September 11, 2004
The Economists' Voice: Manifesto
Economists are losing the battle for mindshare in public debates and discussions about the economy. Too much of what we economists write meets the technical canons of modern economics, but reaches a very small audience (if it reaches any audience at all). Too much of the rest of what we write is murdered by being forced into the Procrustean bed of the 700-word op-ed: a space too small to make any but the most pathetic and oversimplified excuse for an argument. The result is that public understanding of the economy is abysmal, and the intellectual level of the public debate is far too low. We economists all can, no doubt, think of a dozen examples in the past month of hideous errors in the public perception of the economy and hideous mistakes made in good faith (i.e., not by lobbyists) about the effects of public policies. (And, because we are all economists, we economists at least would all largely agree on at least 80% of what are hideous mistakes.)
We--that is, Joe Stiglitz, Aaron Edlin, and I--aim to start an online publication, The Economists' Voice, to be "published" by Berkeley Electronic Press, to try to remedy this situation. The two youngest of us are confident that we have a very good chance of succeeding. Our confidence is based on one fact: Joe Stiglitz thinks that this will work, and his judgment in this area is very good, as is shown by the remarkable success of the Journal of Economic Perspectives which has greatly increased the flow of information across the subfields of economics, and done a remarkable job of welding the American Economic Association into a stronger intellectual community.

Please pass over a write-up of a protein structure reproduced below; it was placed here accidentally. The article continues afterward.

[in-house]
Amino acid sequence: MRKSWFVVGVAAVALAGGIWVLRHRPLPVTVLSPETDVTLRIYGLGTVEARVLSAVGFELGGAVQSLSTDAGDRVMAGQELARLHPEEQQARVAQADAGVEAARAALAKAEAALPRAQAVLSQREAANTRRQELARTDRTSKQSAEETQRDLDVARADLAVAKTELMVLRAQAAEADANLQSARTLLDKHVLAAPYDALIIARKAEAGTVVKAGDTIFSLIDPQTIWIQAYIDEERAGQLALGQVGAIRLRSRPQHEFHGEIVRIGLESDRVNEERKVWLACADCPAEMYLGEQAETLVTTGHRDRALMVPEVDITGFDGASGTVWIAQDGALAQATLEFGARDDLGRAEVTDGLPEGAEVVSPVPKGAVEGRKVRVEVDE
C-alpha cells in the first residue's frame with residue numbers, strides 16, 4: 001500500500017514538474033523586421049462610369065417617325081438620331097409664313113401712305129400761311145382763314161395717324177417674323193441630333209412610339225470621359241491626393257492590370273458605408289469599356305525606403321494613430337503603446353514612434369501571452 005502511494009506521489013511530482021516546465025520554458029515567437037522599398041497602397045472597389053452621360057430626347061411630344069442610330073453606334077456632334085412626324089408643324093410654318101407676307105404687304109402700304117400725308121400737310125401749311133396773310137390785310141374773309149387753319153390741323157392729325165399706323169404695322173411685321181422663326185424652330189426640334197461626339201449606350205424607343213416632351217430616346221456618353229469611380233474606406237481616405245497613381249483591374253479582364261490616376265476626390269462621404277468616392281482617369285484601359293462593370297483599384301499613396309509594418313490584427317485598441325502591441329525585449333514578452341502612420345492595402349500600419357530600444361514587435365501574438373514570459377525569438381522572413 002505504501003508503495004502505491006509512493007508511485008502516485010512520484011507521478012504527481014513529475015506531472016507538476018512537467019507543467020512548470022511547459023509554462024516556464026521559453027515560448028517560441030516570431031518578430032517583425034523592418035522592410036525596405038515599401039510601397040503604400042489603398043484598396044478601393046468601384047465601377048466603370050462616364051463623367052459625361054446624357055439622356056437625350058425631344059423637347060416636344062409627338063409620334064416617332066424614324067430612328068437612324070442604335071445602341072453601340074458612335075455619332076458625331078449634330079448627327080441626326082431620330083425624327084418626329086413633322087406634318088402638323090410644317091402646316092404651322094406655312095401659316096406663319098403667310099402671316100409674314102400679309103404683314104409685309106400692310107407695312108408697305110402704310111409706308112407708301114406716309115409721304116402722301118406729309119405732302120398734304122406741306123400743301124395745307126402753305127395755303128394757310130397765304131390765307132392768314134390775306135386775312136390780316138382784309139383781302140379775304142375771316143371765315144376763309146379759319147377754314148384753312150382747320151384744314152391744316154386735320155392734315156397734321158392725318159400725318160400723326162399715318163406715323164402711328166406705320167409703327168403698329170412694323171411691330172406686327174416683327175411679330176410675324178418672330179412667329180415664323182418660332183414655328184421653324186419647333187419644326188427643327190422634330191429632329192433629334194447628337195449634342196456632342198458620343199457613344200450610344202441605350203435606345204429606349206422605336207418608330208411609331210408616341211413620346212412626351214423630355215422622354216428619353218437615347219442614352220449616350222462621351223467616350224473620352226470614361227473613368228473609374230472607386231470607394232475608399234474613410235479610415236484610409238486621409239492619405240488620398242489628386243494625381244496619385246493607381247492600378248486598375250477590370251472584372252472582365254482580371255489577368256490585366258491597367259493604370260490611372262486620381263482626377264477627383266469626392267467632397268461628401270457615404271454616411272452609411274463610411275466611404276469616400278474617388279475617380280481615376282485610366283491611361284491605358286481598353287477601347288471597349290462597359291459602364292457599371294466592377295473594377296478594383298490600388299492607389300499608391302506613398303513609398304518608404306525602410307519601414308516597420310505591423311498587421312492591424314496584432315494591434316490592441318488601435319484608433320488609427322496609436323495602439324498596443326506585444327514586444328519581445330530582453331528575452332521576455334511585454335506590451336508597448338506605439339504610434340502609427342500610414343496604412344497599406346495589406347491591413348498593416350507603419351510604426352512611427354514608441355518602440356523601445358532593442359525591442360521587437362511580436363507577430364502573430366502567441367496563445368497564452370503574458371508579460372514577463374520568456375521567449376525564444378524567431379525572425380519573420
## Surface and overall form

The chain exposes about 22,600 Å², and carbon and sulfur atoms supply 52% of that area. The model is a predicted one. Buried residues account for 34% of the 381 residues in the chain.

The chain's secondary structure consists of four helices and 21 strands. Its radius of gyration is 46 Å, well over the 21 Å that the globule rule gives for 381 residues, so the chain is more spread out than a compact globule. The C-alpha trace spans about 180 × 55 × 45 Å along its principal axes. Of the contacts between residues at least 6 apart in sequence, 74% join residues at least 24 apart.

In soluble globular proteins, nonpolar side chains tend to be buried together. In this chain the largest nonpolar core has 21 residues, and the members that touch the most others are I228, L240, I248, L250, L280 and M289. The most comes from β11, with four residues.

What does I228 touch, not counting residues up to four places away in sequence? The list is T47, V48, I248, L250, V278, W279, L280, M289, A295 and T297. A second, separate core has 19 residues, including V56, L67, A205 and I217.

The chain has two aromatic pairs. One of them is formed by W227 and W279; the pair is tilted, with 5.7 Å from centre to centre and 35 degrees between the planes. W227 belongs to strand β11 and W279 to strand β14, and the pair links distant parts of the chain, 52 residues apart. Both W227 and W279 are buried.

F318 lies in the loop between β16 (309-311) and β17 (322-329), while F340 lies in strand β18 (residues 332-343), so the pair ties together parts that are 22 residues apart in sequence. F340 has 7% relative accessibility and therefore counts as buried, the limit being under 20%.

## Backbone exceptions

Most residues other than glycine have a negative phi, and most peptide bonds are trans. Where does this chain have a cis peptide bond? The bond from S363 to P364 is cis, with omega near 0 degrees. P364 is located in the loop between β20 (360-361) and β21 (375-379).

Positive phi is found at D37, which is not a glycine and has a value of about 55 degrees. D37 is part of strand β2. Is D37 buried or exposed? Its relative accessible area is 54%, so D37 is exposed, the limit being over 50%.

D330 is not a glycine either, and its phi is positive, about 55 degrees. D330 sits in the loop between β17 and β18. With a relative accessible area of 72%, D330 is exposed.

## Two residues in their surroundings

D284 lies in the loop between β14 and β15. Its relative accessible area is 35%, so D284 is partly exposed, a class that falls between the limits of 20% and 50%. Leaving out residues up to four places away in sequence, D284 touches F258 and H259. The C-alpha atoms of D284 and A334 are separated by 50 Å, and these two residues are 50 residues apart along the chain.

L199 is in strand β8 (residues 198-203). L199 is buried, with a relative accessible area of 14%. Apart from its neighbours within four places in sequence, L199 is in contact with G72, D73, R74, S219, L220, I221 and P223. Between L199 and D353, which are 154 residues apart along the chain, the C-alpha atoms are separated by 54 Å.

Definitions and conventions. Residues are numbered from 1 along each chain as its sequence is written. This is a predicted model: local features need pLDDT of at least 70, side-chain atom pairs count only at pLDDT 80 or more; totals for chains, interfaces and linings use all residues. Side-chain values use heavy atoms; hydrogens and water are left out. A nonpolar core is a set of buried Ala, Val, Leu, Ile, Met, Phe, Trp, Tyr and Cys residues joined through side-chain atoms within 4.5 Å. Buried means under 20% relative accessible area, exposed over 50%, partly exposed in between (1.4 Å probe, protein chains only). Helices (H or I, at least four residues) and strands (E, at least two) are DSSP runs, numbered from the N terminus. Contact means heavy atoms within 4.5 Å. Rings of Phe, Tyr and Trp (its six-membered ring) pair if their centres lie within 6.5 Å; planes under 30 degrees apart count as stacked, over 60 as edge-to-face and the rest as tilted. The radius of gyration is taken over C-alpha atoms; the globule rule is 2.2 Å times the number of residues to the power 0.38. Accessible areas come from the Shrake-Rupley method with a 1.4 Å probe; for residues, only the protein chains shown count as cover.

The Economists' Voice will aim for pieces longer than an op-ed and shorter than (and much more readable than) a piece for a standard journal. We thus avoid the op-ed problem--the problem that op-ed space is too short for an argument, and only provides space to be shrill. But we also hope to stay short enough to be readable, and understandable. And we will aim for quick turnaround--days rather than the years of journals.
The level will be non-technical but sophisticated: perhaps what one expects to read in the Financial Times and the news pages of the Wall Street or National Journal, or perhaps a notch above. The aim will be to provide an economist's argument and point of view on some salient and interesting issue: a survey of something interesting happening in the economy, or a call for some change in policy or institutions--which would consist of a review of what the principal important factors are, what the objective function is, what the constraints are, why the objective function is maximized at the particular set of policies or institutional arrangements that the author prefers.
We will launch the The Economists' Voice later this year. We will succeed if we become *the* place on the internet where economists, journalists, interested observers, staffers, and others turn in search of high-quality comprehensible economic analysis.
Posted by DeLong at September 11, 2004 02:50 PM